The campaign against Douglas, the North’s preeminent political leader, created Lincoln’s national reputation. Accepting his party’s nomination for the Senate in June 1858, Lincoln etched sharply the differences between them. “A house divided against itself,” he announced, “cannot stand. I believe this government cannot endure, permanently half slave and half free.” Lincoln’s point was not that civil war was imminent, but that Americans must choose between favoring and opposing slavery. There could be no middle ground. Douglas’s policy of popular sovereignty, he insisted, reflected a moral indifference that could only result in the institution’s spread throughout the entire country.

The Lincoln-Douglas debates, held in seven Illinois towns and attended by tens of thousands of listeners, remain classics of American political oratory. Clashing definitions of freedom lay at their heart. To Lincoln, freedom meant opposition to slavery. The nation needed to rekindle the spirit of the founding fathers, who, he claimed, had tried to place slavery on the path to “ultimate extinction.” Douglas argued that the essence of freedom lay in local self-government and individual self-determination. A large and diverse nation could only survive by respecting the right of each locality to determine its own institutions. In response to a question posed by Lincoln during the Freeport debate, Douglas insisted that popular sovereignty was not incompatible with the Dred Scott decision. Although territorial legislatures could no longer exclude slavery directly, he argued, if the people wished to keep slaveholders out all they needed to do was refrain from giving the institution legal protection.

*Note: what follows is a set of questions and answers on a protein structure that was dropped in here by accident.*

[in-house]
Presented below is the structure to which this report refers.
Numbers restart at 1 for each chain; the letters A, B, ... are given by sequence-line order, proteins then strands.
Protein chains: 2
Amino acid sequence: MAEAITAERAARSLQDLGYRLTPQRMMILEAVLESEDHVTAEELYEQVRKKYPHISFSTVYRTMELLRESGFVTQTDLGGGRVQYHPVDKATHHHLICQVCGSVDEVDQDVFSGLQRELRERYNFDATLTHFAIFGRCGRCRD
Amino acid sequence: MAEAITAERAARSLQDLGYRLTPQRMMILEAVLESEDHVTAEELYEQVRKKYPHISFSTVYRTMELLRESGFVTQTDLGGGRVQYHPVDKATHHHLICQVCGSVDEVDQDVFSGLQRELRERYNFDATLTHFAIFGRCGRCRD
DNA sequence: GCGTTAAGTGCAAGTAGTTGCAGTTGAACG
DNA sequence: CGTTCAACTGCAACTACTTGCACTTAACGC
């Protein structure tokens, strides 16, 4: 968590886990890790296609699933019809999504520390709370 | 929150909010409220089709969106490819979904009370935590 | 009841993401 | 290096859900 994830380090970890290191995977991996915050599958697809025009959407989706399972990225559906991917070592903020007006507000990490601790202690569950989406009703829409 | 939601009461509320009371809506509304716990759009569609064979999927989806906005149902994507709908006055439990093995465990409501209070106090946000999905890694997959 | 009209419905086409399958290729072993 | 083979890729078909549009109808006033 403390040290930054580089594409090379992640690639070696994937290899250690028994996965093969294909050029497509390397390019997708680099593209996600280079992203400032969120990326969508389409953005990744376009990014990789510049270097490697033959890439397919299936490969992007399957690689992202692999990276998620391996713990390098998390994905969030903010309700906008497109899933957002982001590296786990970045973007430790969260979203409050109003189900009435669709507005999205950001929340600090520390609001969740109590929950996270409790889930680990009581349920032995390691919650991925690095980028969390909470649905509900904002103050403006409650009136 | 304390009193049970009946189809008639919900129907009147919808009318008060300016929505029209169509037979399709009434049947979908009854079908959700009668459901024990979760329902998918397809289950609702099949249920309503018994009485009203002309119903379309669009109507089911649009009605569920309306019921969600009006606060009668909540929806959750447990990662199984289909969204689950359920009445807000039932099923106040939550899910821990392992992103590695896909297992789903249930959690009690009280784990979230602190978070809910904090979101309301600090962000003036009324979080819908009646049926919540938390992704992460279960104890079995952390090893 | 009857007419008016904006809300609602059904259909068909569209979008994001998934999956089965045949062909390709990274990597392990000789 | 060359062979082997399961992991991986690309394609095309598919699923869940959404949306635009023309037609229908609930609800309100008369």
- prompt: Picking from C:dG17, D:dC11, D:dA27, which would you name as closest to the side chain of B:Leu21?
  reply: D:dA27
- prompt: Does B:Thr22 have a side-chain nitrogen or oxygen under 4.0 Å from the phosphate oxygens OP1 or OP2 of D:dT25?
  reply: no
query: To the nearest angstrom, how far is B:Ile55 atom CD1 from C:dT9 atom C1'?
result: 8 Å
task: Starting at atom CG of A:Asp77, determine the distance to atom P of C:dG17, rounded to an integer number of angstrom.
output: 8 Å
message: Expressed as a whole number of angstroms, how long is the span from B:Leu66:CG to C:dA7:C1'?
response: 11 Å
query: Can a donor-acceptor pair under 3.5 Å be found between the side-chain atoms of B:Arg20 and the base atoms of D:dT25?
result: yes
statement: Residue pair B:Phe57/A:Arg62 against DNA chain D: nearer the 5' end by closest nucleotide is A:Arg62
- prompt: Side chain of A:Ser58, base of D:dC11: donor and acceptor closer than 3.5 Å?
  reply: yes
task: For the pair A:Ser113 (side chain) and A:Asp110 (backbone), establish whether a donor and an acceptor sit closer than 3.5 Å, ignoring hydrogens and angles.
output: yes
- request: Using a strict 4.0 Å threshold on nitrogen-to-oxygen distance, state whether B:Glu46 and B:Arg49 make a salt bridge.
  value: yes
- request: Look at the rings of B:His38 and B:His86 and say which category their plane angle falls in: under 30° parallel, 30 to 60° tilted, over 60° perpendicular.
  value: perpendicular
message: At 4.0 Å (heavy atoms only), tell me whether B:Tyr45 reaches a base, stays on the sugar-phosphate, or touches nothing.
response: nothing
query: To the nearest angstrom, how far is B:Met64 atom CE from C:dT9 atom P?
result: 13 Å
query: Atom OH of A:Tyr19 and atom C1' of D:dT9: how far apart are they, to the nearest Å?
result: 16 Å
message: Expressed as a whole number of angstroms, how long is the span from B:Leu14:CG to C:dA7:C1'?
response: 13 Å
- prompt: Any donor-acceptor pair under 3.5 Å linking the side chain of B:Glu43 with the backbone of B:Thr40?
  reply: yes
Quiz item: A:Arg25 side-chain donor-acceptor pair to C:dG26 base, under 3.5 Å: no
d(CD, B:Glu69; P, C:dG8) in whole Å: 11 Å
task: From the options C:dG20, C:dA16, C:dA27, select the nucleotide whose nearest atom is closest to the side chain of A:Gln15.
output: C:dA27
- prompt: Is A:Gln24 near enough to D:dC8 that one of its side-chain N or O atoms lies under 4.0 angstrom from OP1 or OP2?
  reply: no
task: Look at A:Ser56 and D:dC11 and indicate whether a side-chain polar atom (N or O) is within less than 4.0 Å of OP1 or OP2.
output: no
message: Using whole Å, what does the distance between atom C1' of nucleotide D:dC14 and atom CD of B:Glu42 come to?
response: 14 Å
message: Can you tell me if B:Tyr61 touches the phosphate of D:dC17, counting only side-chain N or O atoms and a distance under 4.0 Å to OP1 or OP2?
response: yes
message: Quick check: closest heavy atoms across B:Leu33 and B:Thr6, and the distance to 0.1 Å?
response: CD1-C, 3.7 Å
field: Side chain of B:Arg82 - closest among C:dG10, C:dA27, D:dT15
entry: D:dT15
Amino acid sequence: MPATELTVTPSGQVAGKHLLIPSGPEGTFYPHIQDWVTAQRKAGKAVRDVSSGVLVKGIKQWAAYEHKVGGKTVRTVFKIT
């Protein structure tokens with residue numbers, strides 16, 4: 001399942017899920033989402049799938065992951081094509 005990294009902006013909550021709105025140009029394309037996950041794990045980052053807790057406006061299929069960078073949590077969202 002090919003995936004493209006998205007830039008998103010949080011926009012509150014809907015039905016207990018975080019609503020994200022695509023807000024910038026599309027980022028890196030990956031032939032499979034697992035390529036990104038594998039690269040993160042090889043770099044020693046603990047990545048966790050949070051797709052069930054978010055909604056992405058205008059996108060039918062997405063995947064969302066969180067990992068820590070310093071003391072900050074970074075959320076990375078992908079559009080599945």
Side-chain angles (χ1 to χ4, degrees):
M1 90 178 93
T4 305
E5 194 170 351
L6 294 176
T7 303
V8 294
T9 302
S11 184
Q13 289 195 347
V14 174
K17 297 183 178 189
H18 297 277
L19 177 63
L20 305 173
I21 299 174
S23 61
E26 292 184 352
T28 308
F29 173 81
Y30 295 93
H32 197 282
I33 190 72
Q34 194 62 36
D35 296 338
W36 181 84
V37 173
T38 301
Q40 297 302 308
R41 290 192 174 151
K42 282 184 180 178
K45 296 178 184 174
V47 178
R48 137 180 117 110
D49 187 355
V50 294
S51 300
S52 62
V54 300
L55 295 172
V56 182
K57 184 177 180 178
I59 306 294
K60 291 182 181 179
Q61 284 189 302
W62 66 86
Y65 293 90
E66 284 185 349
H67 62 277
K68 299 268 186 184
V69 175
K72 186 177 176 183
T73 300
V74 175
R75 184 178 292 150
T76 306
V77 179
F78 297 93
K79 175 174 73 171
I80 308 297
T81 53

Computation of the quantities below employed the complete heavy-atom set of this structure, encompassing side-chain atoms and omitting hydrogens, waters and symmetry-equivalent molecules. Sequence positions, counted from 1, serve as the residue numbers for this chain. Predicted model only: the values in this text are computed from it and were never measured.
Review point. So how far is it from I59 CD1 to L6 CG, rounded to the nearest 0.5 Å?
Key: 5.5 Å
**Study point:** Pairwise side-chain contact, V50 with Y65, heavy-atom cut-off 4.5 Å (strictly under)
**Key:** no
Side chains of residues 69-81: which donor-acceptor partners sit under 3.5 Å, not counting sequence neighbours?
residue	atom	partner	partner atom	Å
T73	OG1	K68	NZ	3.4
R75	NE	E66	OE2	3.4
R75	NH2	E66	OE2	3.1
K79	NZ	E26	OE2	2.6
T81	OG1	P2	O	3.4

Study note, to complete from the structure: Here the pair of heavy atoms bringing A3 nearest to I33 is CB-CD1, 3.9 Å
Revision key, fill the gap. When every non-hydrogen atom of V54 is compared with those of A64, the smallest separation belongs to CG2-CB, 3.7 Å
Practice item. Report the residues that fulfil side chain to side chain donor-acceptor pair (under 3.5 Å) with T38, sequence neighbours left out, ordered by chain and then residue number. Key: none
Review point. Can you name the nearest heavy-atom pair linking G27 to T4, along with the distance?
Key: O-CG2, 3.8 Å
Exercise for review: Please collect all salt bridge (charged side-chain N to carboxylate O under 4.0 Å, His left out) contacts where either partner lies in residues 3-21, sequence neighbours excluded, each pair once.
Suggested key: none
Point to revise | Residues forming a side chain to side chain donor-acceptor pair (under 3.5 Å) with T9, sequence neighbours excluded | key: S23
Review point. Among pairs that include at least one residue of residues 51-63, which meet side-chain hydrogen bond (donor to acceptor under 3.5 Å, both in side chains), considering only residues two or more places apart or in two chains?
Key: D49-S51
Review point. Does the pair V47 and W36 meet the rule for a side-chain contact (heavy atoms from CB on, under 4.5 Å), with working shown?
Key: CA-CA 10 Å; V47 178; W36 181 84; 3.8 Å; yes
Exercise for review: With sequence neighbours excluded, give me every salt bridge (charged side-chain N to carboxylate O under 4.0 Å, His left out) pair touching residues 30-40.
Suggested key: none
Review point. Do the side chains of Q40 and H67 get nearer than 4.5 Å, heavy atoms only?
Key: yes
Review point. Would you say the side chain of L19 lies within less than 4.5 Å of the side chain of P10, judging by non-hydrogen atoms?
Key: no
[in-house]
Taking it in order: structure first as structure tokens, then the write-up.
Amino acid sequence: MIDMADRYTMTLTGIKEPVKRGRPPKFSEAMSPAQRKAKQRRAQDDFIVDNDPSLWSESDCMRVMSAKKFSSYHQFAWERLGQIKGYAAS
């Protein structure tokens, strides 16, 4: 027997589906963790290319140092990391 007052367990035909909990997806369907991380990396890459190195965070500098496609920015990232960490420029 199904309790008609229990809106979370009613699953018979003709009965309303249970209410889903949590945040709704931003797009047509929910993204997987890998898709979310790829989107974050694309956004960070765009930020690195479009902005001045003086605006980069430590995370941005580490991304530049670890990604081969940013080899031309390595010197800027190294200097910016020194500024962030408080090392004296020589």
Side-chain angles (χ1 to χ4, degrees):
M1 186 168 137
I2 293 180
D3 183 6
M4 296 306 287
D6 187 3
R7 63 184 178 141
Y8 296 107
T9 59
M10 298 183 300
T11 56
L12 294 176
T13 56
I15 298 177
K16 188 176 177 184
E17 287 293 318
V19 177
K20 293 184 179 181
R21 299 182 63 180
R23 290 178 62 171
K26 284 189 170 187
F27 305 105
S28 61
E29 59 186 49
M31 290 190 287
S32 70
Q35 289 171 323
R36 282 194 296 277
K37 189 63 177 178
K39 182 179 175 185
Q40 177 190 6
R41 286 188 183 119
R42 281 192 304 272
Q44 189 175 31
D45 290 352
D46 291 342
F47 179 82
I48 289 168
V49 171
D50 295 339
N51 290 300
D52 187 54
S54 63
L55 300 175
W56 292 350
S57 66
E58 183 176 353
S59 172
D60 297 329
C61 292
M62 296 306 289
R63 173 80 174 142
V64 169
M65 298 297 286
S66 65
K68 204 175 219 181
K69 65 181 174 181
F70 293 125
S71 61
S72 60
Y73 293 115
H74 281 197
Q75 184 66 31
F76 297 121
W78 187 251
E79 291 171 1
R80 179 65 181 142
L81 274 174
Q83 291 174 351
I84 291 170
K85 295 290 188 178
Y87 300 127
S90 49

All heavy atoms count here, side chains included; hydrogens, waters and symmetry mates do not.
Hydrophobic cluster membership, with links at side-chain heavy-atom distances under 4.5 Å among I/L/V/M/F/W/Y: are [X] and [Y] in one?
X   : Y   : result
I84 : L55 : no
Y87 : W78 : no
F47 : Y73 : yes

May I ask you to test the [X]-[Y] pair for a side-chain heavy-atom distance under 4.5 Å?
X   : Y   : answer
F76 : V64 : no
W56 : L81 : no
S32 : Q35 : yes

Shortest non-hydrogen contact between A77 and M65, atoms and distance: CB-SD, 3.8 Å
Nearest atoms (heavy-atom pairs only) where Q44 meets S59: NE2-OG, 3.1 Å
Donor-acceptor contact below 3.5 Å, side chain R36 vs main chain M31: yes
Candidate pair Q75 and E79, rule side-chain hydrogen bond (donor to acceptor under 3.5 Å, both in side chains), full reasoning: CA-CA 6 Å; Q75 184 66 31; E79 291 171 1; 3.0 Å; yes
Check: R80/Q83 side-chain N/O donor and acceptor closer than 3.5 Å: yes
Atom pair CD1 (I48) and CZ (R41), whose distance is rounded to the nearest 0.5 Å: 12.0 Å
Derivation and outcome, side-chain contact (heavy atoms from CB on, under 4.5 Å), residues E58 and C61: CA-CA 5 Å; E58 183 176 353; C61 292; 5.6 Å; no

Stephen A. Douglas in a daguerreotype from around 1853.

From the Lincoln-Douglas Debates (1858)

The most famous political campaign in American history, the 1858 race for the U.S. Senate between Senator Stephen A. Douglas (a former Illinois judge) and Abraham Lincoln was highlighted by seven debates in which they discussed the politics of slavery and contrasting understandings of freedom.

Douglas: Mr. Lincoln says that this government cannot endure permanently in the same condition in which it was made by its framers—divided into free and slave states. He says that it has existed for about seventy years thus divided, and yet he tells you that it cannot endure permanently on the same principles and in the same relative conditions in which our fathers made it.... One of the reserved rights of the states, was the right to regulate the relations between master and servant, on the slavery question.

Now, my friends, ifwe will only act conscientiously upon this great principle of popular sovereignty which guarantees to each state and territory the right to do as it pleases on all things local and domestic instead of Congress interfering, we will continue to be at peace one with another.

Lincoln: Judge Douglas says, “Why can’t this Union endure permanently, half slave and half free?” “Why can’t we let it stand as our fathers placed it?”

That is the exact difficulty between us.... I say when this government was first established it was the policy of its founders to prohibit the spread of slavery into the new territories of the United States, where it had not existed. But Judge Douglas and his friends have broken up that policy and placed it upon a new basis by which it is to become national and perpetual. All I have asked or desired anywhere is that it should be placed back again upon the basis that the founders of our government originally placed it—restricting it from the new territories....